Quick Mesohippus Facts
- Lived from the Late Eocene Period through the Middle Oligocene Period
- Lived in what is now North America
- Was smaller than a modern-day pony
- Ran about as fast as a white-tailed deer
- Was an herbivore
Mesohippus is a prehistoric dinosaur which lived approximately 40 to 30 million years ago – from the Late Eocene Period through the Middle Oligocene Period. It was first discovered during the 19th century and was given its name by Othniel Charles Marsh in 1875. Its name means “middle horse” in Greek.
When you first look at Mesohippus pictures, then you might mistake them for miniature horses, which is kind of what they look like. However, while they were smaller than the modern horse, they weren’t quite small enough to be called miniature horses. They were just a little too big to be placed in the same category.
Mesohippus was about 4 feet long, about 2 feet high and weighed around 75 pounds. Which would be really, really small for a horse. However, it wasn’t a true horse like the modern horse. It was an intermediary phase between animals such as the Phenacodus (which lived during the Eocene Period) and animals like Hipparion and Hippidion (which lived during the Pleistocene Period).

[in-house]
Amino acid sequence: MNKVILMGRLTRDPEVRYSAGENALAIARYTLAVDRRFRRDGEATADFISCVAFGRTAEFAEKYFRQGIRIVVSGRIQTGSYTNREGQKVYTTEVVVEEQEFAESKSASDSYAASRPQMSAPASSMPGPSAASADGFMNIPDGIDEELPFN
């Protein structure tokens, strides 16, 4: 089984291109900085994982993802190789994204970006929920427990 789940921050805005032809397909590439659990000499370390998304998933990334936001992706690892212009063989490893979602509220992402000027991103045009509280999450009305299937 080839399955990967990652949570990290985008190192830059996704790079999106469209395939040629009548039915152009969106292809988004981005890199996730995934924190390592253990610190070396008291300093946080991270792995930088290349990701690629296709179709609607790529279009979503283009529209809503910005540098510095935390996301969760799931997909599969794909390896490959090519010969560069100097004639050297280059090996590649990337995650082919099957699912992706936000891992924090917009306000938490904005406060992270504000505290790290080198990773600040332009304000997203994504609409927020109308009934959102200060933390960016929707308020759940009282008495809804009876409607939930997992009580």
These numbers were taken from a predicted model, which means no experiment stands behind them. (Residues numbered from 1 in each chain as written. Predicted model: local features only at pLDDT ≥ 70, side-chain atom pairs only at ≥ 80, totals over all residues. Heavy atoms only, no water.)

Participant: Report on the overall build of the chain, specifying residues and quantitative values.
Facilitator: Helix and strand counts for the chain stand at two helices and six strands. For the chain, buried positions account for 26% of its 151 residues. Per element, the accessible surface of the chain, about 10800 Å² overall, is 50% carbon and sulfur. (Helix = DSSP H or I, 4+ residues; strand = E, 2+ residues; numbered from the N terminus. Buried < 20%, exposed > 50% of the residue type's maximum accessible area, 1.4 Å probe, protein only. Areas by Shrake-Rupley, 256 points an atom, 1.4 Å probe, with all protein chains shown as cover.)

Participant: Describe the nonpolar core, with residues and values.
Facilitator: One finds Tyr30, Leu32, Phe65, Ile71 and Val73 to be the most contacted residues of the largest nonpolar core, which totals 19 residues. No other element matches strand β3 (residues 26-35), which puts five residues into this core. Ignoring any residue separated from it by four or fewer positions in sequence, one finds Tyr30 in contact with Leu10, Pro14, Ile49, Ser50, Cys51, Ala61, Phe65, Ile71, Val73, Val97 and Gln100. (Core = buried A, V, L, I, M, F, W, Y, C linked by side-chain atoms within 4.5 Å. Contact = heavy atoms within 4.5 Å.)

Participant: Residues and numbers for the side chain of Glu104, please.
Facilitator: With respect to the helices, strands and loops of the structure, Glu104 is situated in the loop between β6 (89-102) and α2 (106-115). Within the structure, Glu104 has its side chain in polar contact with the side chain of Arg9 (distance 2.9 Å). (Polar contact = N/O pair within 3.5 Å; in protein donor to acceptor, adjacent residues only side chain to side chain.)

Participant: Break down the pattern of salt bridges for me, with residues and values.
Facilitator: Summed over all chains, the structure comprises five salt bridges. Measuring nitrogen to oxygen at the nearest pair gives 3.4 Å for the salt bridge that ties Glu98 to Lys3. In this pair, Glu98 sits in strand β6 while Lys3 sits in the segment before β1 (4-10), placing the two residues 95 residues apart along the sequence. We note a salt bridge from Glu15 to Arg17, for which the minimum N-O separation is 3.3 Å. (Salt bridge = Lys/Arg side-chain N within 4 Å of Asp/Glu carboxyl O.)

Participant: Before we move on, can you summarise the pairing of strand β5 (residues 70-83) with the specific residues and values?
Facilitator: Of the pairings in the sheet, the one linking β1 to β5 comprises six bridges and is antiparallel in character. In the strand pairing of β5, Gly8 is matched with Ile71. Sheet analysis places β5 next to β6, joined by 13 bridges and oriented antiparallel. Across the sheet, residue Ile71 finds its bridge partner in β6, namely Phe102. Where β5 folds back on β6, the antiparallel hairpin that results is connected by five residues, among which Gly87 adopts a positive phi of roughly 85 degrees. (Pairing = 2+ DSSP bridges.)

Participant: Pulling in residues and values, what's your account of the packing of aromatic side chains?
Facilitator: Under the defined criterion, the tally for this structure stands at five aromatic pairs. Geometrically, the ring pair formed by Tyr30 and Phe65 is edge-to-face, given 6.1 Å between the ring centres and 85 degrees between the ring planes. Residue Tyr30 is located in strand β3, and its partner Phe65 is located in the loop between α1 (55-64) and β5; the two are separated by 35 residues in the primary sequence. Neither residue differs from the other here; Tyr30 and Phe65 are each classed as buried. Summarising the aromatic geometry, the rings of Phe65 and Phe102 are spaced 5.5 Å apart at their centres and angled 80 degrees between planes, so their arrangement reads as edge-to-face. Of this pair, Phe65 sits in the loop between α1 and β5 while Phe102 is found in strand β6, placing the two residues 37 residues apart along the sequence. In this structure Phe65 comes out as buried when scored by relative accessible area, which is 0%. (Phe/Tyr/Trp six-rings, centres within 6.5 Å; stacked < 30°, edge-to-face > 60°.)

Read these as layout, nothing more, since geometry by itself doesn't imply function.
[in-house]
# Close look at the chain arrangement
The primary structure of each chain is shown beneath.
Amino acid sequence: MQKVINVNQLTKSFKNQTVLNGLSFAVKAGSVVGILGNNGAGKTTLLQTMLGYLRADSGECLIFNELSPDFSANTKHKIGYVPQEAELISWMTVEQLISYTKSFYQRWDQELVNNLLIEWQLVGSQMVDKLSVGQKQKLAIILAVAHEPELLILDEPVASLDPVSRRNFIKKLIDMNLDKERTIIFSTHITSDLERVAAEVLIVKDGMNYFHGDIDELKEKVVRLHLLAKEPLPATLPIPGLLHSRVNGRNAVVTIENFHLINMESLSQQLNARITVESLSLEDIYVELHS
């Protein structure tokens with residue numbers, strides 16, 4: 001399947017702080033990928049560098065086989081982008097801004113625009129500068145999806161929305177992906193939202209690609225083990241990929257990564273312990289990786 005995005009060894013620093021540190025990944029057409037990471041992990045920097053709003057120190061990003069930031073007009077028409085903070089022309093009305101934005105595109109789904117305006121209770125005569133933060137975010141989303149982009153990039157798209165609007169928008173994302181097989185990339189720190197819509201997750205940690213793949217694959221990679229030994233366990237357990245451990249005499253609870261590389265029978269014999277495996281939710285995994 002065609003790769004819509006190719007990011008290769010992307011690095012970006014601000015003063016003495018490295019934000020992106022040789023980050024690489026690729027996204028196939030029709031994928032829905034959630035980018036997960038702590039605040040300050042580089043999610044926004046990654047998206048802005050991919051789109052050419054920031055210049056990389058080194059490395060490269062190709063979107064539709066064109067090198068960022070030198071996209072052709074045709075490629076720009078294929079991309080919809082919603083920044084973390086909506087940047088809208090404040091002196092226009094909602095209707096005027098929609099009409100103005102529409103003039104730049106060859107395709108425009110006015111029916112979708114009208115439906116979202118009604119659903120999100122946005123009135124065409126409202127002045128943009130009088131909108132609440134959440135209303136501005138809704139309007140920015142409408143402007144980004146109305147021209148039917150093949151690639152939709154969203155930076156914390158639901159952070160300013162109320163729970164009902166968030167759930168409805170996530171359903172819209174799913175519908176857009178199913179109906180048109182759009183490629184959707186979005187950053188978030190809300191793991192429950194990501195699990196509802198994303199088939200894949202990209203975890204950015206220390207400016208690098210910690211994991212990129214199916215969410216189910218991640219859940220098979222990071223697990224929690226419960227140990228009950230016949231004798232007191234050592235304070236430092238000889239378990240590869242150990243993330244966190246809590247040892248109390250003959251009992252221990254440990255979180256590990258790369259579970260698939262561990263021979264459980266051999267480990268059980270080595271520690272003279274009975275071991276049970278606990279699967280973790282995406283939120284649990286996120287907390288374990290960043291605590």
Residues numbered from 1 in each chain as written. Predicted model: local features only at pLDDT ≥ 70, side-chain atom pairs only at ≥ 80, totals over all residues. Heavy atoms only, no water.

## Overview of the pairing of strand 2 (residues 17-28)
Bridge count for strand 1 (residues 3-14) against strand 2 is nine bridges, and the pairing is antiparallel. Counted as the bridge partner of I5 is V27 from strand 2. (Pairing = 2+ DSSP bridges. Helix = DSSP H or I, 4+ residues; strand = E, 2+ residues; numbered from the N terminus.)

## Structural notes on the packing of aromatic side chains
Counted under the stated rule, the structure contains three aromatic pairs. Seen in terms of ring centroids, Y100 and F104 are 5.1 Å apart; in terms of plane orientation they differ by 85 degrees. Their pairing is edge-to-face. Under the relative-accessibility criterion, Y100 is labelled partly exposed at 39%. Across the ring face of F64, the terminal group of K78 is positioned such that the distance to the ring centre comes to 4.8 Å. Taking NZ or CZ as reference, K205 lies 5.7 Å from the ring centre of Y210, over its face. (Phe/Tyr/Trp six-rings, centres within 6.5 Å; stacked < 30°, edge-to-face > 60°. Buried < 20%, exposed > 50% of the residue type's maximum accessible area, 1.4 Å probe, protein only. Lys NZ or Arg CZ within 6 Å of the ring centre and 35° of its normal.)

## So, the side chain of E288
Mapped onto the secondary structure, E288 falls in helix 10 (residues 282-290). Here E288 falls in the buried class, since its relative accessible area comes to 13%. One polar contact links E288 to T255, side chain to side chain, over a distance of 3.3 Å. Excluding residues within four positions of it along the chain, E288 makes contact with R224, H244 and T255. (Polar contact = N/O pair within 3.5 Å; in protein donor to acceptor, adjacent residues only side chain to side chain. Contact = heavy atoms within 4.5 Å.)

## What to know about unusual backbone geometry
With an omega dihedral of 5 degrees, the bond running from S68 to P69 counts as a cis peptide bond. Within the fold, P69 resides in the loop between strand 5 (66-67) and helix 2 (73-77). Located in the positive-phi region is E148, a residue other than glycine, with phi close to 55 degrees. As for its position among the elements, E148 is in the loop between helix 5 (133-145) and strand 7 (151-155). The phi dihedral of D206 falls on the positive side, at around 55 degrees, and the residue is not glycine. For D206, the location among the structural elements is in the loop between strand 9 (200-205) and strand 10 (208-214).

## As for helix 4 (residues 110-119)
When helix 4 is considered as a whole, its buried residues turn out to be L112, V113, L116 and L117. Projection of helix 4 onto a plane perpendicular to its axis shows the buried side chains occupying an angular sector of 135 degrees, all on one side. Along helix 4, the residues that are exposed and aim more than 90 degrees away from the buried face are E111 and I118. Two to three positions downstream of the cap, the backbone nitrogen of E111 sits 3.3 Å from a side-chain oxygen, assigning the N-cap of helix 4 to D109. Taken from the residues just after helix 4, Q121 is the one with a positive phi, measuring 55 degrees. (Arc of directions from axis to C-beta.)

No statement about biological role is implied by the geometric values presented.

If you look at fossils of its feet and compare them with its ancestors, then you can almost see evolution unfolding right before your eyes. Instead of having four toes like Eohippus, it had 3 toes. That’s because evolution fused its middle toes together. And evolution would continue this shaping until the hoof emerged in Hipparion and which was eventually perfected in modern horses.
One of the most interesting facts about Mesohippus, however, was that it had a relatively large brain for its body size. In fact, even though it was quite small, it still had a brain that was about equivalent to the brain of modern horses. That would have given it the smarts to outwit just about any predator of its time. Which is a good thing because this horse probably wasn’t built for speed.
Another significant difference between Mesohippus and the modern horse is that these animals fed on twigs and fruits and horses feed on grass. Scientists have discovered this by the arrangement of its teeth – which clearly shows it was more suited for that type of diet.